As a threshold matter, we note that White suggests in a conclusory fashion that respondents-appellees have "waived any argument concerning a limitation on the applicability of Edwards " because they failed to argue that Edwards should not be applied retroactively either in their Rule 19 statement filed with this court following the Supreme Court's remand of White II for further consideration in light of Edwards or in their petition for a writ of certiorari filed with the Supreme Court following our decision in White III holding that White was entitled to habeas corpus relief under Edwards.

White neither cites cases nor develops even a rudimentary argument in support of this novel waiver theory. We therefore would be entitled to decline to consider the issue. Nevertheless, we address it and find it to be without merit.

This court has not hesitated to hold the government to a strict waiver standard in cases in which it attempts to raise on appeal factual issues that it failed to present to the district court. In a case recently before us on remand from the Supreme Court for reconsideration in light of one of its decisions, we rejected the government's attempt to argue at that late date that law enforcement officers had probable cause for the detention of the defendant's luggage; we held that the government, which had argued in the trial court for the admission of the cocaine found in the luggage solely on the ground that the officers had reasonable suspicion to detain the luggage, had waived its right to contend on remand that probable cause in fact existed. Moya v. United States, 745 F.2d 1044 (7th Cir. 1984).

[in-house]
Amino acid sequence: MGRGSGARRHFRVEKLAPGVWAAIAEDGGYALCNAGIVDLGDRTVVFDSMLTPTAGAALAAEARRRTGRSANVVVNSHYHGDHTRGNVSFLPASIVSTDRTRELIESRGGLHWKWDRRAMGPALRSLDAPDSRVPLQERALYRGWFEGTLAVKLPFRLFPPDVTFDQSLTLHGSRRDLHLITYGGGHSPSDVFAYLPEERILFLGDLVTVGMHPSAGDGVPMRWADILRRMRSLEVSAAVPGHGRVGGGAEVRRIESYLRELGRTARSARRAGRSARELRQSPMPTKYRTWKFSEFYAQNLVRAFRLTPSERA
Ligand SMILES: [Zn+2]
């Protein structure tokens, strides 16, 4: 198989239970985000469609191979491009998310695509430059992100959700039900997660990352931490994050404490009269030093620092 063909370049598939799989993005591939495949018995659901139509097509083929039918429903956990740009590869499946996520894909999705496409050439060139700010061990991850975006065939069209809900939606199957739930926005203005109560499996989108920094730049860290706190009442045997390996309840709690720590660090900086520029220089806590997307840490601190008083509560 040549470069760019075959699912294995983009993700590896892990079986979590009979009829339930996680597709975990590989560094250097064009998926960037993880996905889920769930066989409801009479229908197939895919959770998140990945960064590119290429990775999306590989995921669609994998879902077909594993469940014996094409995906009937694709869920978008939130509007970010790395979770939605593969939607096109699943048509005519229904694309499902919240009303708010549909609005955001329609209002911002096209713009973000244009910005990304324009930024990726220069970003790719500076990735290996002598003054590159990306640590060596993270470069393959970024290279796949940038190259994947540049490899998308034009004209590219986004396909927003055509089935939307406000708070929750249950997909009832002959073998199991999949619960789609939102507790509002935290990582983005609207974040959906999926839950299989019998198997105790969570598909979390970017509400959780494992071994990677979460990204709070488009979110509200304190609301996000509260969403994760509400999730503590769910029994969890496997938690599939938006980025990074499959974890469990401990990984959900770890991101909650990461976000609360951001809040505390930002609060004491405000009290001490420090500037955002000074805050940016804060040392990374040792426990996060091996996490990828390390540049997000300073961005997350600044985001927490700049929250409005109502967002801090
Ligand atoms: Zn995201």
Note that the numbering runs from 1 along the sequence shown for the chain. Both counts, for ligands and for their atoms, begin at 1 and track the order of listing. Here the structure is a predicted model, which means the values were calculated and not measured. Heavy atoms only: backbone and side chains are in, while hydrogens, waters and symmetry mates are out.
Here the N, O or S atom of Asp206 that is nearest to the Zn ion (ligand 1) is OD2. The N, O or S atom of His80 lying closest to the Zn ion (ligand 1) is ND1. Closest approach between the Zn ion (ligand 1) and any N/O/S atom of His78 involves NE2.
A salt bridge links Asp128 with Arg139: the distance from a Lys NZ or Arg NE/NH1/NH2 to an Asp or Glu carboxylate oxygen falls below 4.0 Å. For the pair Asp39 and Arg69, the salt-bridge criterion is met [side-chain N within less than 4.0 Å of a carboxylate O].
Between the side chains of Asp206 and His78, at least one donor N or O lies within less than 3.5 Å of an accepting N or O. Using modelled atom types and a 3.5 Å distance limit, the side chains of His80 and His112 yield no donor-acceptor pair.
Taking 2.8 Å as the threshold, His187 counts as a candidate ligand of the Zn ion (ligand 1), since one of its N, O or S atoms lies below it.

The circumstances presented here do not even arguably fall within the parameters of this waiver doctrine. Respondents-appellees are not attempting to present for the first time on remand a factual issue, relevant to the merits of White's constitutional claim, which could have been raised in the district court. Indeed, they are not even attempting to argue for the first time on remand that Edwards should be given prospective application only. Rather, the Supreme Court has remanded this case for reconsideration in light of Solem, in which it decided that Edwards is not to be applied retroactively. The Court has exercised its jurisdiction and remanded this case for reconsideration in light of Solem despite the fact that respondents-appellees did not present the nonretroactivity question in their petition for a writ of certiorari. In effect, the Court sua sponte has ordered us to reconsider White III in light of Solem. To find a waiver in this case would be to nullify the Supreme Court's exercise of its jurisdiction and to circumvent its remand order. We appropriately decline to do so.


We now address White's argument concerning the scope of Solem's nonretroactivity holding. The Solem Court stated that "at a minimum, nonretroactivity means that a decision is not to be applied in collateral review of final convictions." Solem, 104 S. Ct. at 1345. White's petition for a writ of habeas corpus is, of course, a collateral attack on his final conviction. The literal language of Solem mandates the conclusion that Edwards is not to be applied in this case.

Nevertheless, White asks this court to carve out an exception. Specifically, White contends that he presented an Edwards -type claim to the United States Supreme Court in his petition seeking a writ of certiorari to the Supreme Court of Illinois, the final step in the process of direct appellate review of his criminal conviction.*fn7 Therefore, he is not seeking relief on this claim for the time on collateral review, the situation he contends the above-quoted language in Solem was intended to avoid. In essence, White would have this court apply Edwards on collateral review of final convictions in cases in ...